GOP Senate Candidate to Outlaw Pooping

With election time fevers running high, nothing is sacred!

Sam Wellerby Sam Weller

(Pic Credit: AP/Matt Rourke)



Before the Republican National Convention kicked off, candidates for all major Senate races hosted press conferences in and out of Tampa, hoping to reveal their intricate plans for the country.

Many astute politicos chose to address the still-trepadacious economy, others the needs to grow capital and cut taxes. But for Tom Smith (R), Senate candidate for Pennsylvania, he used it to further his previously stated stance on outlawing abortion.

“Honestly, I don’t know why I didn’t think of it sooner” Smith said as he smiled, almost wincing, shaking his head with his hands on his hips, “…but this is an important issue in this election, and the American people deserve to know where I stand.”

Smith, who had stated in a perviously that pregnancy from rape is similar to “having a baby out of wedlock” was encouraged by campaign staff and colleagues to back away from the topic altogether, citing the toxic fallout from fellow Republican Todd Akin just over a week earlier regarding “forcible” rape.

Despite his friends’ protest, Smith went on the offensive.

“The way I see it is, Right to Life encompasses more than just the creation of another human being, it’s everything we create.” Smith continued. “And not just for women… but for everyone, men included. That’s why I can finally state, with finality… that pooping is similar to aborting a child.”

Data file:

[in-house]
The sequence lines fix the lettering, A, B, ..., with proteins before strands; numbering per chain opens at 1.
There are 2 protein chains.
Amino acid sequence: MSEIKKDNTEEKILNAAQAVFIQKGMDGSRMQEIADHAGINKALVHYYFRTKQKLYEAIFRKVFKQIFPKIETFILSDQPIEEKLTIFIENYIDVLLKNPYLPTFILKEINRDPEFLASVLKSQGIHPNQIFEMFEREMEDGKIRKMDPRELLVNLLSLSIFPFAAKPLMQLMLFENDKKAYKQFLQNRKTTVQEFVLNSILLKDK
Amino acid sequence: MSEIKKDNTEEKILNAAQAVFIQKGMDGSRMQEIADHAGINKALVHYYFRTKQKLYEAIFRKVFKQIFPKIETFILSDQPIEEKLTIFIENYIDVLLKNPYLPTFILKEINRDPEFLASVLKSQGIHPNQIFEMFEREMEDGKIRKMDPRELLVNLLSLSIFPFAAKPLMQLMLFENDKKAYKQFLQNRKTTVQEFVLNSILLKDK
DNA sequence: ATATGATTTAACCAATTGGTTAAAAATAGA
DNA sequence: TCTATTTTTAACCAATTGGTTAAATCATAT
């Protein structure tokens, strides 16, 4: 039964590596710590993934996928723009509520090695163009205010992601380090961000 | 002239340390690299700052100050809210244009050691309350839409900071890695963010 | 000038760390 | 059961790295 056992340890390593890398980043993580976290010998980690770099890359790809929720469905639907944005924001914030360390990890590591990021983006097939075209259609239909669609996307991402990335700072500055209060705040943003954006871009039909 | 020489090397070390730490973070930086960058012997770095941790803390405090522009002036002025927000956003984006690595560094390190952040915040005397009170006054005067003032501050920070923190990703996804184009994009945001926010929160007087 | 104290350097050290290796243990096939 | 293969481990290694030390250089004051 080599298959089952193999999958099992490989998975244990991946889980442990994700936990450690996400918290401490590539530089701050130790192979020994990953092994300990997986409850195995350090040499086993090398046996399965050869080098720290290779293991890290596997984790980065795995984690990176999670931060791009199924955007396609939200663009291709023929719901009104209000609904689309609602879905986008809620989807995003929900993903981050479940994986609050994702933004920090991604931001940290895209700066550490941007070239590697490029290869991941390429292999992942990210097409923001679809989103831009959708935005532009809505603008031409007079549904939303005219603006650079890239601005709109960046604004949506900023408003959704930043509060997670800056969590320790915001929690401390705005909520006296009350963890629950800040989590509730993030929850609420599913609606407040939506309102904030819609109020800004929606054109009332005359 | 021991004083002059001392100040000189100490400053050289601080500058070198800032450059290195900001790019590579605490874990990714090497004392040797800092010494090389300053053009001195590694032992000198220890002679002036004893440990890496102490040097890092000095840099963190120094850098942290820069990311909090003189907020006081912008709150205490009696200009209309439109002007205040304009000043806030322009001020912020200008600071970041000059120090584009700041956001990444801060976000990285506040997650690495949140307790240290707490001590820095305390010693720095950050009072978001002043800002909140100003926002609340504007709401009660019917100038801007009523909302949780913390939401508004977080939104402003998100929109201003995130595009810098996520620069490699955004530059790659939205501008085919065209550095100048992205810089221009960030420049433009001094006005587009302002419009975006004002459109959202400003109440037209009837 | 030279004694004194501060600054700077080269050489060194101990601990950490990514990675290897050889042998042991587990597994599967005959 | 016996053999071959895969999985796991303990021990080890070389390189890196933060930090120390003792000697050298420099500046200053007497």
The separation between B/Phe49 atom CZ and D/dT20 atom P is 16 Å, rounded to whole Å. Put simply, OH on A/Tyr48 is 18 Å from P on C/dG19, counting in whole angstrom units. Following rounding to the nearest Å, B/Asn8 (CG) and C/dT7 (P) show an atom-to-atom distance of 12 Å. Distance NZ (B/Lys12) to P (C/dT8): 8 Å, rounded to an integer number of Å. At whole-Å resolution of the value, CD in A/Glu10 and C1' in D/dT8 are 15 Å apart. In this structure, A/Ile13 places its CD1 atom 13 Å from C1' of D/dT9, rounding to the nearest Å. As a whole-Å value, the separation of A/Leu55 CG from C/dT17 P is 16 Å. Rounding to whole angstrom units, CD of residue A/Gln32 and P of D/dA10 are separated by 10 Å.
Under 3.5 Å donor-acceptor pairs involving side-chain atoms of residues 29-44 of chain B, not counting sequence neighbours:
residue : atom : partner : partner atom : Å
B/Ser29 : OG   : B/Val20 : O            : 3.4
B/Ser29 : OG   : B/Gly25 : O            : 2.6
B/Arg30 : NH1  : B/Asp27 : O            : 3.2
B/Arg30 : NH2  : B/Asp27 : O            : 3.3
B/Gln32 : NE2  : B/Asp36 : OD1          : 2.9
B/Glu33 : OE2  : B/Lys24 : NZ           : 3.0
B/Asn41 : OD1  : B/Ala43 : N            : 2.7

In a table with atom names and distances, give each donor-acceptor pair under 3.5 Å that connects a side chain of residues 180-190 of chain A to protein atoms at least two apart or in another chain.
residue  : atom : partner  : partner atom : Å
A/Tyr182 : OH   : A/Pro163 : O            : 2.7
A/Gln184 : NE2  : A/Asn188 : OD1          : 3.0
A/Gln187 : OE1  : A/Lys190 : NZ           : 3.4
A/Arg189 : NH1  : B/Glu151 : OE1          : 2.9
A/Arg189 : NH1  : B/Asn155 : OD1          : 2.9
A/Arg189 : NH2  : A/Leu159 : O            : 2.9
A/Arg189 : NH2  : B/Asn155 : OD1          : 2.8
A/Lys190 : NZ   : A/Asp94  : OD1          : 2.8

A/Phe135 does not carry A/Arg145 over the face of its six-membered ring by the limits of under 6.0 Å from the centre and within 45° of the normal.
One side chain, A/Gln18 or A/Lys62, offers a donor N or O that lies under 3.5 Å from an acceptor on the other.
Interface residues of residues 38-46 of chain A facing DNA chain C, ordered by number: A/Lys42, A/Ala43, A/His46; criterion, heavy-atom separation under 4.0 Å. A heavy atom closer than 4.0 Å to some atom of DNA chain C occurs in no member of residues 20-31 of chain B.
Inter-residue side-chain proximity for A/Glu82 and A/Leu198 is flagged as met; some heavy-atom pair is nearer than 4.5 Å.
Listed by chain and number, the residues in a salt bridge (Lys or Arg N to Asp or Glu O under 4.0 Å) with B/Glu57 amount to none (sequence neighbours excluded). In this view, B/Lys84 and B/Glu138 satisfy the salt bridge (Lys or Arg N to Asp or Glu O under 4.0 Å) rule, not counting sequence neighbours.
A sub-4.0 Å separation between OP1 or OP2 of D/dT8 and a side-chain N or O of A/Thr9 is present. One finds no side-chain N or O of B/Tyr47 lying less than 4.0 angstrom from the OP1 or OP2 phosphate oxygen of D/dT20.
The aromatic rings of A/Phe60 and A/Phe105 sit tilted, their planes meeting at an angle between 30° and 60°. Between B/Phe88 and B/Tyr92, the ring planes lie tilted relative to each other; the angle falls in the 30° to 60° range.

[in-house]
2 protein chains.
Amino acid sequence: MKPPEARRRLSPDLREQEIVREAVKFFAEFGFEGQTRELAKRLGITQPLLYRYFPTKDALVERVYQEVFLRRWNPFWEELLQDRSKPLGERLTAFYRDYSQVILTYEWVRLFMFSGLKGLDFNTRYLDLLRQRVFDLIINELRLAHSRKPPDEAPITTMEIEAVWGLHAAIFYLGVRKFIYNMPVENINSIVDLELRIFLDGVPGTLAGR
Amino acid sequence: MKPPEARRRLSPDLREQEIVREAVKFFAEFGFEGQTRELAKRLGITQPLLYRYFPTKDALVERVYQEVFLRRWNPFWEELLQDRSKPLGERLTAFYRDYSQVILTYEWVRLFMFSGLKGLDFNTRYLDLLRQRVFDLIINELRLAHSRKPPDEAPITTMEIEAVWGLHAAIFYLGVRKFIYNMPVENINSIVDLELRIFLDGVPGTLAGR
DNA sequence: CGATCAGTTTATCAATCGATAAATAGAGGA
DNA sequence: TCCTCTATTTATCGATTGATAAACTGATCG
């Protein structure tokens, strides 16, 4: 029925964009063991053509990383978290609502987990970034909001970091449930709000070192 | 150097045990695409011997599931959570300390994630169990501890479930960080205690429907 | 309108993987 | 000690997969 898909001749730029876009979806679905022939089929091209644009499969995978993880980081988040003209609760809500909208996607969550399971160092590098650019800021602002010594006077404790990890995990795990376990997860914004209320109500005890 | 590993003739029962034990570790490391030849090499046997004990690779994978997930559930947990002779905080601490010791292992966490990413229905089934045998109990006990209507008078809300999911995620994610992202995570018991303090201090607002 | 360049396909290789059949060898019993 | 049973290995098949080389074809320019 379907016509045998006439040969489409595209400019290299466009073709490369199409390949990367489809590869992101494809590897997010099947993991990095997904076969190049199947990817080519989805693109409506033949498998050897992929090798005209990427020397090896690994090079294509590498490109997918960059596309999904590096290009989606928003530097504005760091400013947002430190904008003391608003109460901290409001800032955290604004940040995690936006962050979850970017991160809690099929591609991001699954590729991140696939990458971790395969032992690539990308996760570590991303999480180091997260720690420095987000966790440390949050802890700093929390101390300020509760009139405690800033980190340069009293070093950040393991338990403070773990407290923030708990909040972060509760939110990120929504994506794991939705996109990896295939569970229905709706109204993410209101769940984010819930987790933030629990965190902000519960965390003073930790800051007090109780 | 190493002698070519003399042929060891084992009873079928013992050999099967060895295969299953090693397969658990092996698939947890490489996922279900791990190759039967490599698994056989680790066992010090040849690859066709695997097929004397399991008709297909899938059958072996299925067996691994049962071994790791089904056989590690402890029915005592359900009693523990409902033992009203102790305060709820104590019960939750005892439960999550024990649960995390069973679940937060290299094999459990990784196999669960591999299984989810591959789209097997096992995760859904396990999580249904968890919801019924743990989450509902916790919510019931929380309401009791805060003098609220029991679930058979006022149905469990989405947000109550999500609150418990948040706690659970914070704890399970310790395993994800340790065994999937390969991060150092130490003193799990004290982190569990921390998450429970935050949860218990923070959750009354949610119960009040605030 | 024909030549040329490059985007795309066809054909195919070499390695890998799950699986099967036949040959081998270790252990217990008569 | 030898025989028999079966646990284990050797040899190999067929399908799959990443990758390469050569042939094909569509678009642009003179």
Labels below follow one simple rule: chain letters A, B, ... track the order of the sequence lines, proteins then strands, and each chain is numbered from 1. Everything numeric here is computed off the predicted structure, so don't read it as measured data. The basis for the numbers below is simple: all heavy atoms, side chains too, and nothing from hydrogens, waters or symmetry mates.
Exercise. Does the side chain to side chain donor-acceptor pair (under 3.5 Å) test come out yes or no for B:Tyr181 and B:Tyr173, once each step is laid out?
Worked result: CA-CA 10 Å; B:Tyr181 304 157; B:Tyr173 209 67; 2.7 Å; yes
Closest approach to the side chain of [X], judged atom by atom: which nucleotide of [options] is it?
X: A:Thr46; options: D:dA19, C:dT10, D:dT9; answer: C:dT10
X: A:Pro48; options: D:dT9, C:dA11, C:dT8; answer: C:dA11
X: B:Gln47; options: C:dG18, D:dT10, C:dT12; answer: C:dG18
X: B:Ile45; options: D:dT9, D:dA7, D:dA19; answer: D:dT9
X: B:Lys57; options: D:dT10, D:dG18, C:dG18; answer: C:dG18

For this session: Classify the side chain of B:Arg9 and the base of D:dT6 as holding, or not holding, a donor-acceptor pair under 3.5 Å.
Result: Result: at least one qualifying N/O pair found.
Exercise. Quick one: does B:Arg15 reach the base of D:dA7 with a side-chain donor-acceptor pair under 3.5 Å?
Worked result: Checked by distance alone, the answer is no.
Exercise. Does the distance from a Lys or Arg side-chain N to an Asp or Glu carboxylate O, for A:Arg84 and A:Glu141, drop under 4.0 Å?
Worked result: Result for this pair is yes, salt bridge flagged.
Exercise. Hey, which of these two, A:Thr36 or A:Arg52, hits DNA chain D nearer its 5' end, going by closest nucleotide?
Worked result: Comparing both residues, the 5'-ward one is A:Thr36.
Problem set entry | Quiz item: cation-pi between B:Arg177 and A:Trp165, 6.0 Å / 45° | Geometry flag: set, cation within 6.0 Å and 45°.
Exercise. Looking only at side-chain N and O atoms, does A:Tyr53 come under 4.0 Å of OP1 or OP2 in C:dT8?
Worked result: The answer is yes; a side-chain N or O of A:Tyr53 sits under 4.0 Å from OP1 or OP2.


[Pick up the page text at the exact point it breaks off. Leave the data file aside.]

Credit: AP

Elizabeth Getty, a reporter for the Tampa Daily Report, immediately fainted in the audience. But despite the commotion and arrival of EMT services to assist Ms. Getty, Smith continued his statement.

“Think about it. You spend all this time consuming food, processing its rich nutrients, and then you… flush it all down the drain? That’s a waste. What kind of message are we sending to our children? It’s wrong, just wrong.”

Taking a slight lean forward, Smith decried the practice of flushing, the wiping of the posterior, even looking at a hamburger without thinking of the consequences.

“If you look at that quarter pounder with cheese… it’s like you’re asking for it. Whatever happens after you eat that burger is you and God’s problem then.”

Smith encouraged every reporter in the attendance, “do not sin, keep it in.” Smith then passed around a pamphlet with his outlines on a Senate bill to outlaw defecation in every case, including “forcible” ones in periods lasting over twenty minutes.

When pressed to clarify the connection between a child and feces, Smith was undeterred, “I put it in context of my own family. When my dad would scold me he’d take off his belt and call me 'a little s***’ and all this time I thought he was insulting me… but really, he loved me more than anyone else. I know now dad, I am that little s***.”

Smith then hastily concluded, grabbing his stomach and citing “personal issues”.


But an unnamed source close to the Senate candidate had this to say hours later. “Tom’s been having a real rough go of it lately… but he’s personally sticking to his message for the rest of his campaign. That's how much he cares about the American people.”

It’s not difficult to see how this issue will resonate through to the Presidental election. Often, issues faced in the smaller chambers of government make their way through the system to quagmire more important debates.

The anonymous source had the final word about Tom Smith:   

“Sometimes it’s hard to keep everything inside. I guess on this issue, it was time to let it all out.”


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